“We are doing such a good job [at the school] that many of these students are deciding not to return home,” Dr. Trimble shared. What she is referring to is the increasing exodus of families from Marion in search of new opportunities, especially given the downward turn in the local economy. “This town used to be thriving,” Dr. Trimble stated. “The plant for Mercedes Benz [in nearby Tuscaloosa] used to be a reliable source for jobs before it closed. Now, some students are traveling within the South and even above the Mason-Dixon Line to attend college. In some cases, students are leaving school early to go with their parents who are finding work outside of the city.”
During the interview, one of the parents, Twanda White, stopped by the office to let the principal know that she accepted a job in Selma, Alabama. Twanda was moving immediately with her children just one month into the school year. “I’m going to miss this school and Dr. Trimble,” she said. “My son was not doing well last year, then he got an iPad and he was able to get his grades up because he got more interested in school. I remember telling myself, the principal has taken my child from me because he always wants to be at school.”
When asked about her own technology literacy, she continued, “I already know some things, but the program here has helped me to do things like apply for jobs, send my references, and track my application.” Unfortunately, it is the lack of access to livable-wage jobs in the city that make it impossible for single parents like White to survive in Marion.
While one might think that the existence of technology would be transformative by itself, a mismatch exists between these added resources, the broader impact on educational achievement, and insufficient local opportunities—particularly jobs.
For example, Francis Marion is on Alabama’s failing school list, despite having access to such robust digital resources and cultivating increased student engagement. “I almost feel inadequate,” Dr. Trimble stated. “We have successfully changed the culture of the school, but our test scores don’t reflect this.” States like Alabama still rely upon traditional learning metrics and assessments to rank city schools, particularly test scores. Alabama also publishes a state report card on a school’s progress in terms of student attainment. Francis Marion is on that list.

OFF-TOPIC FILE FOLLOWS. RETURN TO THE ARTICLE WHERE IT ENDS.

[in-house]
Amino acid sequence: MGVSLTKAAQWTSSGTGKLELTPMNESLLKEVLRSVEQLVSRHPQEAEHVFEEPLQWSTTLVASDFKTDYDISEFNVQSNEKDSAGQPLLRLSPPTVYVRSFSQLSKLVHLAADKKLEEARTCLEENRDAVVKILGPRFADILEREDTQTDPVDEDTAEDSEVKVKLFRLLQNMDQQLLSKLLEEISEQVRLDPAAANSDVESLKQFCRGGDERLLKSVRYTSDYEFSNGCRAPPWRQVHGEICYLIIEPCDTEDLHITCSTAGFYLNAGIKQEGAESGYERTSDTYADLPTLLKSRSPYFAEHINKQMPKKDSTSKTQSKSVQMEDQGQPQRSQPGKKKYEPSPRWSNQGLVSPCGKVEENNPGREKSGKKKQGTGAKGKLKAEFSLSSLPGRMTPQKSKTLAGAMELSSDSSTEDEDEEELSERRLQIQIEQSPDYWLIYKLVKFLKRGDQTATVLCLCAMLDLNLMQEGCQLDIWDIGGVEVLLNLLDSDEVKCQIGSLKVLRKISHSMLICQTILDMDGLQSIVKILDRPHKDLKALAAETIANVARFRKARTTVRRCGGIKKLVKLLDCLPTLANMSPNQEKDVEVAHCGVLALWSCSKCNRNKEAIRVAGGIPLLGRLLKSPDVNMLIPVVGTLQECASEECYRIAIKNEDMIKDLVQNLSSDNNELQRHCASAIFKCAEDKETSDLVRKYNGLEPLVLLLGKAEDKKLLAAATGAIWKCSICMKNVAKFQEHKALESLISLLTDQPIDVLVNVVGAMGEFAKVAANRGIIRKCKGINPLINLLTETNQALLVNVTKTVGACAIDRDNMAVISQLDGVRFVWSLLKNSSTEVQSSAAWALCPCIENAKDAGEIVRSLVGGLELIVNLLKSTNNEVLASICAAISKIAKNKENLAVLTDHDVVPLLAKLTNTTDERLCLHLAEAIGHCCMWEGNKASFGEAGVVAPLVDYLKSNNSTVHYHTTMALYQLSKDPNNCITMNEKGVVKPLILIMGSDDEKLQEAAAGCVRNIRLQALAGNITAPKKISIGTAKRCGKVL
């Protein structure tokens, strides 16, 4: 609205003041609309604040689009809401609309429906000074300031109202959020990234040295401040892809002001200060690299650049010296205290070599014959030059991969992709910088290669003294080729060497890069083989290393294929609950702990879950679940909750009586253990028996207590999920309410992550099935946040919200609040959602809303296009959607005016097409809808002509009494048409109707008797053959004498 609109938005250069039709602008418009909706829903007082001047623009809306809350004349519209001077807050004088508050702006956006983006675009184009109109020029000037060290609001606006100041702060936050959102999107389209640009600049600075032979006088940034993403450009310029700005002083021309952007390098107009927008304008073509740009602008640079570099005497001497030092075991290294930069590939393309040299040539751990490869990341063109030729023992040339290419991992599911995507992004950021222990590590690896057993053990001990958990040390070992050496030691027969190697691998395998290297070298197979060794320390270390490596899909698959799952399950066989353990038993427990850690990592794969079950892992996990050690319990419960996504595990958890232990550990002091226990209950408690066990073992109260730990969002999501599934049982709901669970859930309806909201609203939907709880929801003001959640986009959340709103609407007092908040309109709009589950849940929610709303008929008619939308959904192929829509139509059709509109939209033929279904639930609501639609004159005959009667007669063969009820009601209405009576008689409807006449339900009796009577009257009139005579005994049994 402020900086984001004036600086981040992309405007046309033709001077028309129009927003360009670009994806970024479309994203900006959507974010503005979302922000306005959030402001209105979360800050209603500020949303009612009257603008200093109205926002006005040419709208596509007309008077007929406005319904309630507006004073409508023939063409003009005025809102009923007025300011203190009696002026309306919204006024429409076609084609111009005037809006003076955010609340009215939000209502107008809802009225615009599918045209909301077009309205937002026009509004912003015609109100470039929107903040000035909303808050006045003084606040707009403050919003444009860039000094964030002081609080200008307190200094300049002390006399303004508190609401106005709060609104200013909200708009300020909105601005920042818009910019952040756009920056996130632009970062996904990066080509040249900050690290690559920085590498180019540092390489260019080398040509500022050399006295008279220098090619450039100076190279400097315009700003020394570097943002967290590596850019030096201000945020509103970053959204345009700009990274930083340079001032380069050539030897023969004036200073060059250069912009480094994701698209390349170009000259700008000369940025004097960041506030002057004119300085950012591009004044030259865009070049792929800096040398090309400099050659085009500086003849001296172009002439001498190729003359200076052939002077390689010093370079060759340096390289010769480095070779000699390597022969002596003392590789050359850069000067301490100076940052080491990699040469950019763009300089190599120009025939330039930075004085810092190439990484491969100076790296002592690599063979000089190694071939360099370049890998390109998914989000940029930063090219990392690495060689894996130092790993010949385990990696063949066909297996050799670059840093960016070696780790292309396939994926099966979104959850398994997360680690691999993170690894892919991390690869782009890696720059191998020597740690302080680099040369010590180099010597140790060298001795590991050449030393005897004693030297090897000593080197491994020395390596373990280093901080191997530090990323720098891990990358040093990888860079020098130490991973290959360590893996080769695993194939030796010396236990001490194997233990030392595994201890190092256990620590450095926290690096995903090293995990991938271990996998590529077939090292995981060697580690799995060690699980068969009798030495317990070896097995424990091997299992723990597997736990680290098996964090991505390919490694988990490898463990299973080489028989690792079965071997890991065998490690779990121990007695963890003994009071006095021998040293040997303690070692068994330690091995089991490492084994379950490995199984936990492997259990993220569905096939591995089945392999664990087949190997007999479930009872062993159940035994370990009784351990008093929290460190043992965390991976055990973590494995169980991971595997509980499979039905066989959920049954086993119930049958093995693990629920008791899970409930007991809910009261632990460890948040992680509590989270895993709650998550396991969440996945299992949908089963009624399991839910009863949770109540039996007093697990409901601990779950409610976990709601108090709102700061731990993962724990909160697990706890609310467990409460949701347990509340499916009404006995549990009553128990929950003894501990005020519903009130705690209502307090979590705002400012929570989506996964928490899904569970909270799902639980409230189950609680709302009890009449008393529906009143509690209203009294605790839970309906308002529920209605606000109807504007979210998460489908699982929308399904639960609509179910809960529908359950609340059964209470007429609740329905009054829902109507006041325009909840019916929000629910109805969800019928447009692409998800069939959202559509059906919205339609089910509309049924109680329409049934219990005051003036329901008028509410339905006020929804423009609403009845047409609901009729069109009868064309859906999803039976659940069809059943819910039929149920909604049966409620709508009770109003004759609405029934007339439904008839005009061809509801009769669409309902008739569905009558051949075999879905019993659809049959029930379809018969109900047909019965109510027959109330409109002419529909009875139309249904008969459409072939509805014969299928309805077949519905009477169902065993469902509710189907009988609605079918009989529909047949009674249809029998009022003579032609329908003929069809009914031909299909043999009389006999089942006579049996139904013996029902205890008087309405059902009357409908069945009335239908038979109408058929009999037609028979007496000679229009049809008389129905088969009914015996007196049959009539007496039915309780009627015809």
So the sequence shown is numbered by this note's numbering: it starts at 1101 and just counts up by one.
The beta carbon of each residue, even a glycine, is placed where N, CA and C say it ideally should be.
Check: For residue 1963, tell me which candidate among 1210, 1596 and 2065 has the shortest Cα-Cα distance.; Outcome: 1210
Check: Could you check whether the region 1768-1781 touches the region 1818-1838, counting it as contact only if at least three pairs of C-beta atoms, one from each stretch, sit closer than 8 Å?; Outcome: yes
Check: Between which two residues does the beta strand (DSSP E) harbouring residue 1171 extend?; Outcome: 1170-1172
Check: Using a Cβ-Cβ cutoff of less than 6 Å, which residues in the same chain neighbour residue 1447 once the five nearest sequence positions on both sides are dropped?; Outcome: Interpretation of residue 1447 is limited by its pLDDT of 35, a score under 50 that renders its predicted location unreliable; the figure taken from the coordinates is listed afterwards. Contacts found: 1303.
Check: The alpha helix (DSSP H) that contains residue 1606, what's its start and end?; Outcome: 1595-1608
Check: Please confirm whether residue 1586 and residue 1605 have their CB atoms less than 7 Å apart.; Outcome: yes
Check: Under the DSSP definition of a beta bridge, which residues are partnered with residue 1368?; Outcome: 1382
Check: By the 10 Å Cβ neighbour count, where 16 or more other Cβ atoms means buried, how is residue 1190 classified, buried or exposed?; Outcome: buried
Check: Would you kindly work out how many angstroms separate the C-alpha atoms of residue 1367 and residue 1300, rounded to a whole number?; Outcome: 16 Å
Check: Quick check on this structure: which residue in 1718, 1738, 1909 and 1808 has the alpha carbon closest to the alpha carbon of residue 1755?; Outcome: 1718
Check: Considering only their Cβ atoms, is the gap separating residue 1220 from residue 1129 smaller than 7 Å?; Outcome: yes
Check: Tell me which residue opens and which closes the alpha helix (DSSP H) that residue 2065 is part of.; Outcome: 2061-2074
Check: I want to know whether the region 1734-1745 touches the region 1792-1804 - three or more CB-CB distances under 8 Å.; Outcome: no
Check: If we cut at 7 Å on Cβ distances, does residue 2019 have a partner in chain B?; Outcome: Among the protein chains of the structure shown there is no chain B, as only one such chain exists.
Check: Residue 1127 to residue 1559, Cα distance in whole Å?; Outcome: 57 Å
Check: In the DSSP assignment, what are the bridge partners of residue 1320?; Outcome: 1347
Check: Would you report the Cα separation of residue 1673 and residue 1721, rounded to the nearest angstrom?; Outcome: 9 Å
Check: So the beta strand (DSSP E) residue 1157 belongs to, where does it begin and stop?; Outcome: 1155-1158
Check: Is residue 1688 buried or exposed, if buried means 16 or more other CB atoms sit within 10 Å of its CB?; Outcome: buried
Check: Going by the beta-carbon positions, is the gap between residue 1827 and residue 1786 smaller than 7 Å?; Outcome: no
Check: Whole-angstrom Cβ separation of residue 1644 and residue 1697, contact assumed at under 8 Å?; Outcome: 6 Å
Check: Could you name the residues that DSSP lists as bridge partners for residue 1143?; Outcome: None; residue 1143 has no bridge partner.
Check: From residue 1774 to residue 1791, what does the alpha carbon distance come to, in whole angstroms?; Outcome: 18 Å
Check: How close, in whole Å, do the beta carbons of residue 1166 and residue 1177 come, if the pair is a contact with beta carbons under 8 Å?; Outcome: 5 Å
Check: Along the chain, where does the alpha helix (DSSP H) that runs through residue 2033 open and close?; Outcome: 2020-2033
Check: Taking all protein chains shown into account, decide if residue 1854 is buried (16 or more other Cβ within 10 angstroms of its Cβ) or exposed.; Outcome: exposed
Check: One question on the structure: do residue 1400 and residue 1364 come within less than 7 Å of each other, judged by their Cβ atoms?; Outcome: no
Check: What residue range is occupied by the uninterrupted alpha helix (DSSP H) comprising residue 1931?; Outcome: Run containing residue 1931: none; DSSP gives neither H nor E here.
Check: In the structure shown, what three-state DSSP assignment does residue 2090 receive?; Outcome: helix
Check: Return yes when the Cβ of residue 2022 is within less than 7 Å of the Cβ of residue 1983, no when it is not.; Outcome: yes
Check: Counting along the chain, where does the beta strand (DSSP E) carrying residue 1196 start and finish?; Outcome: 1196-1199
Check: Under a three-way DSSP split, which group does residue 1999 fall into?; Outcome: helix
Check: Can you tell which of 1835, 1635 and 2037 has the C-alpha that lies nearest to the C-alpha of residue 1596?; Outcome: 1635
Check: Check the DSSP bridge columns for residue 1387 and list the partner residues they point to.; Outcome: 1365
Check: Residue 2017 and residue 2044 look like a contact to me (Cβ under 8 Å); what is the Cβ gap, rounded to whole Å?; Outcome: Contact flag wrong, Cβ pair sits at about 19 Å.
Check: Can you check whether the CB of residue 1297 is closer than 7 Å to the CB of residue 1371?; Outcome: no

Race may be a factor in this distinction from other schools. Jim Crow laws established a legacy of historically segregated schools in the South, which could explain the high ratio of African American students at Francis Marion. While explicit educational discrimination was outlawed in Alabama, segregation is now driven by income and wealth inequalities, causing communities like Marion to have more concentrated populations of lower-income students. The school is also nearly 100% African American because many affluent white families in the community send their children to the local private school.
While the technology program appears to have increased student engagement, research also concludes that it is not a catalyst for improved test scores, or at least not immediately. Digital access alone cannot dismiss the structural and social discriminations affecting communities of color. But, the case of Francis Marion suggests that it can improve upon school culture and drive some level of student engagement by empowering teachers to be more creative in classroom instruction and equip students with new tools. As suggested in conversations with Dr. Trimble, having access to technology breaks the mundanities of living within Marion where opportunities are limited.
From my observations, Dr. Trimble is committed to improving upon the life experience of her students and stands firm in her conviction to the school:
I feed these children when they are hungry. I cry with them and their families when they are going through something. I used to complain about them to the teachers. But, somehow, God just won’t release me from here.
For communities and students to be full beneficiaries of digital technology, it also seems natural to share these online experiences within their respective communities, thereby building local capacities and creating shifts in acceptable digital norms and practices.